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  • Amazon Customer
  • 22-05-16

Mind numbingly boring

The author mostly writes about rich white Austin residents unrelated to the story. He has very little to say about the people who were actually at risk of being killed. Obviously what was important was how having their servants killed affected Austin society.

1 person found this helpful

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    2 out of 5 stars
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  • Fred
  • 03-06-16

it's Okay if you need to fill a few hours

I know the author put a lot if work into this book. it is very hard to make a book about conjecture compelling. Nice try.

2 people found this helpful

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  • Patricia Holdiman
  • 25-04-16

History of Austin

This book is more along the lines of a "history of Austin" that just happened to include a murderous mystery.
Well written but I prefer more information on the serial killer and the murders.
Just felt dry.

2 people found this helpful

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  • Buzz Smith
  • 25-06-19

I used to think I knew Texas history...

From New Year's Eve, December 31, 1884 until Christmas Eve, 1885, the city of Austin, Texas was terrorized by a killer. Possibly the first serial killer in the country. The victims, in the beginning, were black servants of white families. The police, the newspapers and the white population of Austin assumed the killer was a "bad black," or a gang of "bad blacks." The murders were horrific, in their violence. Even children were not safe, as was seen when an 11 year old daughter of a servant woman was butchered. By modern standards, the lack of urgency shown by the white officials would have been a scandal. If it had not been for the fact that the murders were occurring in or near the servants' quarters, located on the property of the white employers, one wonders if they ever would have had the focus of the authorities. Then, on Christmas Eve, two prominent white women were butchered, in separate incidents, across town from one another. Austin was living in fear and the history books seem to have forgotten these killings ever happened. Skip Hollandsworth has written a great account of what is known of the killings and sets the scene with lots of background information of those days. You can easily get lost in time and feel you lived in Austin back in the late 19th century. Before reading this book, I'd walked the streets of Austin at night and visited some of the locations mentioned in the book. It will not feel the same, the next time I do so.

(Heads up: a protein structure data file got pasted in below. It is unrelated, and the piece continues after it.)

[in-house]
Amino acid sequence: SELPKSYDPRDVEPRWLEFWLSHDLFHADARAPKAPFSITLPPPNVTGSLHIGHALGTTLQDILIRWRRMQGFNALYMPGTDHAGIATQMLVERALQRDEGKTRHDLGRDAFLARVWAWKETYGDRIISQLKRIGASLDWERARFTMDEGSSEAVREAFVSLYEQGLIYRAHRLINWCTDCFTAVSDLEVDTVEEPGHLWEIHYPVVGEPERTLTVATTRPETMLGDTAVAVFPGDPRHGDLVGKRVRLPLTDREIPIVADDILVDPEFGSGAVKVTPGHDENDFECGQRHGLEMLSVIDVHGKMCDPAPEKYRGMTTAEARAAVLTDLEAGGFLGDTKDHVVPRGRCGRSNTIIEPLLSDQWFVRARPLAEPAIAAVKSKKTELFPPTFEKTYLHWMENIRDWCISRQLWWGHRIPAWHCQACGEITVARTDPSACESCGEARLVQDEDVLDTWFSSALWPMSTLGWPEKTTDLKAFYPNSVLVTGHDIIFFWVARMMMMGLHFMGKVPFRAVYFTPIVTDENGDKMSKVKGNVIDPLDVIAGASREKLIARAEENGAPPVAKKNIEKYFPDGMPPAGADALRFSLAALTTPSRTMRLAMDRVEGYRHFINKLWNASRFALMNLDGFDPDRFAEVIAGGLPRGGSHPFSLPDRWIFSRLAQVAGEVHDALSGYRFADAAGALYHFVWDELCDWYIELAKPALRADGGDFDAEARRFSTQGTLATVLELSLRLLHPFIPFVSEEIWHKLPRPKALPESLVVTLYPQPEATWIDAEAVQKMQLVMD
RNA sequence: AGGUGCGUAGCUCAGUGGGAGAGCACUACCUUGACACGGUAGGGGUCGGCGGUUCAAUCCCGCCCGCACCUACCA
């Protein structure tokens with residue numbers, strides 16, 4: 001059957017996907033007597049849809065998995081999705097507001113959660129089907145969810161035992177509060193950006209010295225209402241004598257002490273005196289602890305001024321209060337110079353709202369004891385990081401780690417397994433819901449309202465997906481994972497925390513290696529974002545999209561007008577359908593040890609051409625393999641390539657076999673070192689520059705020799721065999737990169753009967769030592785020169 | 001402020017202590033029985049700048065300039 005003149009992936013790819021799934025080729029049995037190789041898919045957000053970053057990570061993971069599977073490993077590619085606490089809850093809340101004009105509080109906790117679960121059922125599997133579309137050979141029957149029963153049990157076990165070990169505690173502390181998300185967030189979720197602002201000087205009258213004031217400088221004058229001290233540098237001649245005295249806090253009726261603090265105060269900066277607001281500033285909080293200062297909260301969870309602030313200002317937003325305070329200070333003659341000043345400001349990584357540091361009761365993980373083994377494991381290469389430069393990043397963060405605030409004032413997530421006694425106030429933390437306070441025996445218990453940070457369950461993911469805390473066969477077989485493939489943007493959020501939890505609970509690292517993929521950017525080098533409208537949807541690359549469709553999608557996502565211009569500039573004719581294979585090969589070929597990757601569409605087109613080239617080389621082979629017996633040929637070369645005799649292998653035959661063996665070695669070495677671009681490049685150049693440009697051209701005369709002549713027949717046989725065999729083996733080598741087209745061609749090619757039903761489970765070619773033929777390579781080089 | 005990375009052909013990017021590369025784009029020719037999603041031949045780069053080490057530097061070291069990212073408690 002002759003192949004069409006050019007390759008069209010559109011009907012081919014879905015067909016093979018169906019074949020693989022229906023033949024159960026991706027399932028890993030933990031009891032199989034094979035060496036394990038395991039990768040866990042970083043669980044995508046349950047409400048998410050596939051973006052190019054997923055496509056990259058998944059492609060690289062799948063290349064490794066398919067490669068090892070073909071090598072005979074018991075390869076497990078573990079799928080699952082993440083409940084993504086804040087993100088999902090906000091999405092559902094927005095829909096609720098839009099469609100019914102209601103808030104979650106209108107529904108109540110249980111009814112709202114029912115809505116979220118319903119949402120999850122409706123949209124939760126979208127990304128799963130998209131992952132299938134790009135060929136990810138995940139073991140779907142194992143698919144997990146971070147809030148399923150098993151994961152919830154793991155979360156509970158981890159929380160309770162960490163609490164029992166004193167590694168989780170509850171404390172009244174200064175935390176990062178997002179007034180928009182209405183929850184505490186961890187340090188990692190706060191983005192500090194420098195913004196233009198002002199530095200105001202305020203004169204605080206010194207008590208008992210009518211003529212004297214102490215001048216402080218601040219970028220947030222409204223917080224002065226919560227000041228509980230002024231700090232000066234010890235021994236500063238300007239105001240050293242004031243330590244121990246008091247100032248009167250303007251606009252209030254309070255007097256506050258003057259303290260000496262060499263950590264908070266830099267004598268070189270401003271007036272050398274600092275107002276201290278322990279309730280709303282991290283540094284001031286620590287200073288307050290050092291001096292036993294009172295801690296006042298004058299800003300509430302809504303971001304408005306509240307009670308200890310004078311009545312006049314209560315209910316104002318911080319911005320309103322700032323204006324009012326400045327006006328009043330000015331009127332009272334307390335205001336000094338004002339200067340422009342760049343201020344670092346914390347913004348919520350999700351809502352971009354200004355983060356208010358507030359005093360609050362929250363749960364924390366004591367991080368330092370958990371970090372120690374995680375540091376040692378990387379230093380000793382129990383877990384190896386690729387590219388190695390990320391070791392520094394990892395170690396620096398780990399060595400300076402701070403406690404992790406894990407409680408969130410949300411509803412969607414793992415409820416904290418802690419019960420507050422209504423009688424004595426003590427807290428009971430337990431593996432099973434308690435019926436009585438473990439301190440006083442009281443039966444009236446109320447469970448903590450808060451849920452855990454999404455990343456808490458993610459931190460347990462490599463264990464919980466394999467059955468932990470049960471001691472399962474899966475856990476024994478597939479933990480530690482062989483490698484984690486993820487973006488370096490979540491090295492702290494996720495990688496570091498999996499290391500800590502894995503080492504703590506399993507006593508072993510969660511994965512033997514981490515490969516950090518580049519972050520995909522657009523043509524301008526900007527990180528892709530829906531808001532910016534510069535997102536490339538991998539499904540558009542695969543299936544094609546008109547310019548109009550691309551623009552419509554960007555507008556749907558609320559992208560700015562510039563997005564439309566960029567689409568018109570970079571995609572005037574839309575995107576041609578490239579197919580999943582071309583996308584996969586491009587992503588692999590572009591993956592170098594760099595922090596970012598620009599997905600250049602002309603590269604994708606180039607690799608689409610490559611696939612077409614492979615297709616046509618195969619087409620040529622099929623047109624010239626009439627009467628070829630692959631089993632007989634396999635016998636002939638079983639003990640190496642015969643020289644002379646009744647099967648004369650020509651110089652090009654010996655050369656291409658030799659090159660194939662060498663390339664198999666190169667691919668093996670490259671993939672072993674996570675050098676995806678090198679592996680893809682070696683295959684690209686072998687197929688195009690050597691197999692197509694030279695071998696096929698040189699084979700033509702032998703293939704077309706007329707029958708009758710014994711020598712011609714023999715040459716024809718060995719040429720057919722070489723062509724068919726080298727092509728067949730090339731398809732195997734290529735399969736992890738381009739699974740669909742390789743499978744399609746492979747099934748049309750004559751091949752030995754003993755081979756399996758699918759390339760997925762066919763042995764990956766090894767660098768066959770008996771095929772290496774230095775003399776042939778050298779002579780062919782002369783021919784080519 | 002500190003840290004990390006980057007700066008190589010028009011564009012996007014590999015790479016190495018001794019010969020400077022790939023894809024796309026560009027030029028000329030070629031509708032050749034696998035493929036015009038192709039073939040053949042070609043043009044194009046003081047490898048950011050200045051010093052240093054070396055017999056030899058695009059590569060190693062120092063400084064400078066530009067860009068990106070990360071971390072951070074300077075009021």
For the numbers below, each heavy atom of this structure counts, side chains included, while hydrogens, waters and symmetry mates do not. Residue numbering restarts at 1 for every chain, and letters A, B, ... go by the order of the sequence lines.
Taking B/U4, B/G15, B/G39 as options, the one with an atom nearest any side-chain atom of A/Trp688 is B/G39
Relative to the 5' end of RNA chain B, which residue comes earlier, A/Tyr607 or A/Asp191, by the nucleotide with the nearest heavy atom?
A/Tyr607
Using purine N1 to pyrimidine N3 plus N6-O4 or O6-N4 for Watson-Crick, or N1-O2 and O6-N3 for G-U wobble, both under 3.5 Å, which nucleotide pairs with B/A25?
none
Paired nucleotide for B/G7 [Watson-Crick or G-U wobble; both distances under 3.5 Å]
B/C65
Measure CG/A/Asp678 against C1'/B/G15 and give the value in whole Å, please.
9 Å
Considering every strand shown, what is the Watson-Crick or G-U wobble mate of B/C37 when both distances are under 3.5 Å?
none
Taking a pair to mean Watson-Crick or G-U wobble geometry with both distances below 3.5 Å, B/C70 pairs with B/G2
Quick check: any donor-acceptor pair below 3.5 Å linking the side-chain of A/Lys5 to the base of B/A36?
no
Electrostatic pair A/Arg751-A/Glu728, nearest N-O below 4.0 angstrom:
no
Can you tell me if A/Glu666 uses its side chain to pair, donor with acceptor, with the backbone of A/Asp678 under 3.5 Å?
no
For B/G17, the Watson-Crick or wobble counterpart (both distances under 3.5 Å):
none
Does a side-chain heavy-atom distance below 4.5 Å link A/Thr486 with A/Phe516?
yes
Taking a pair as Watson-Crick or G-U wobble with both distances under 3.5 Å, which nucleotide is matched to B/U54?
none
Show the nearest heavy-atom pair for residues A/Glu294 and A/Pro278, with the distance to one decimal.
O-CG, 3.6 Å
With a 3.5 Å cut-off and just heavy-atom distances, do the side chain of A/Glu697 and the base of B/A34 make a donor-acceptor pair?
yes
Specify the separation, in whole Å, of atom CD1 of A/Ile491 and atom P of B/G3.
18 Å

A great book!

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  • Amazon Customer
  • 14-03-19

pleby of Austin history

was good but focused more on Austin's history than the murders. extra four words here.

  • Overall
    3 out of 5 stars
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  • MTTexas
  • 23-11-18

Review

Mostly enjoyed the Texas history of the city of Austin. The narrator did not pronounce pecan correctly and used an "Old South" (i.e., Georgia) accent when speaking as a Texan.

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  • silencedogood
  • 23-09-17

great story

great story that doesn't get much discussion and a cool history of Austin as well. Only issue at all was the pronunciation of "Seguin."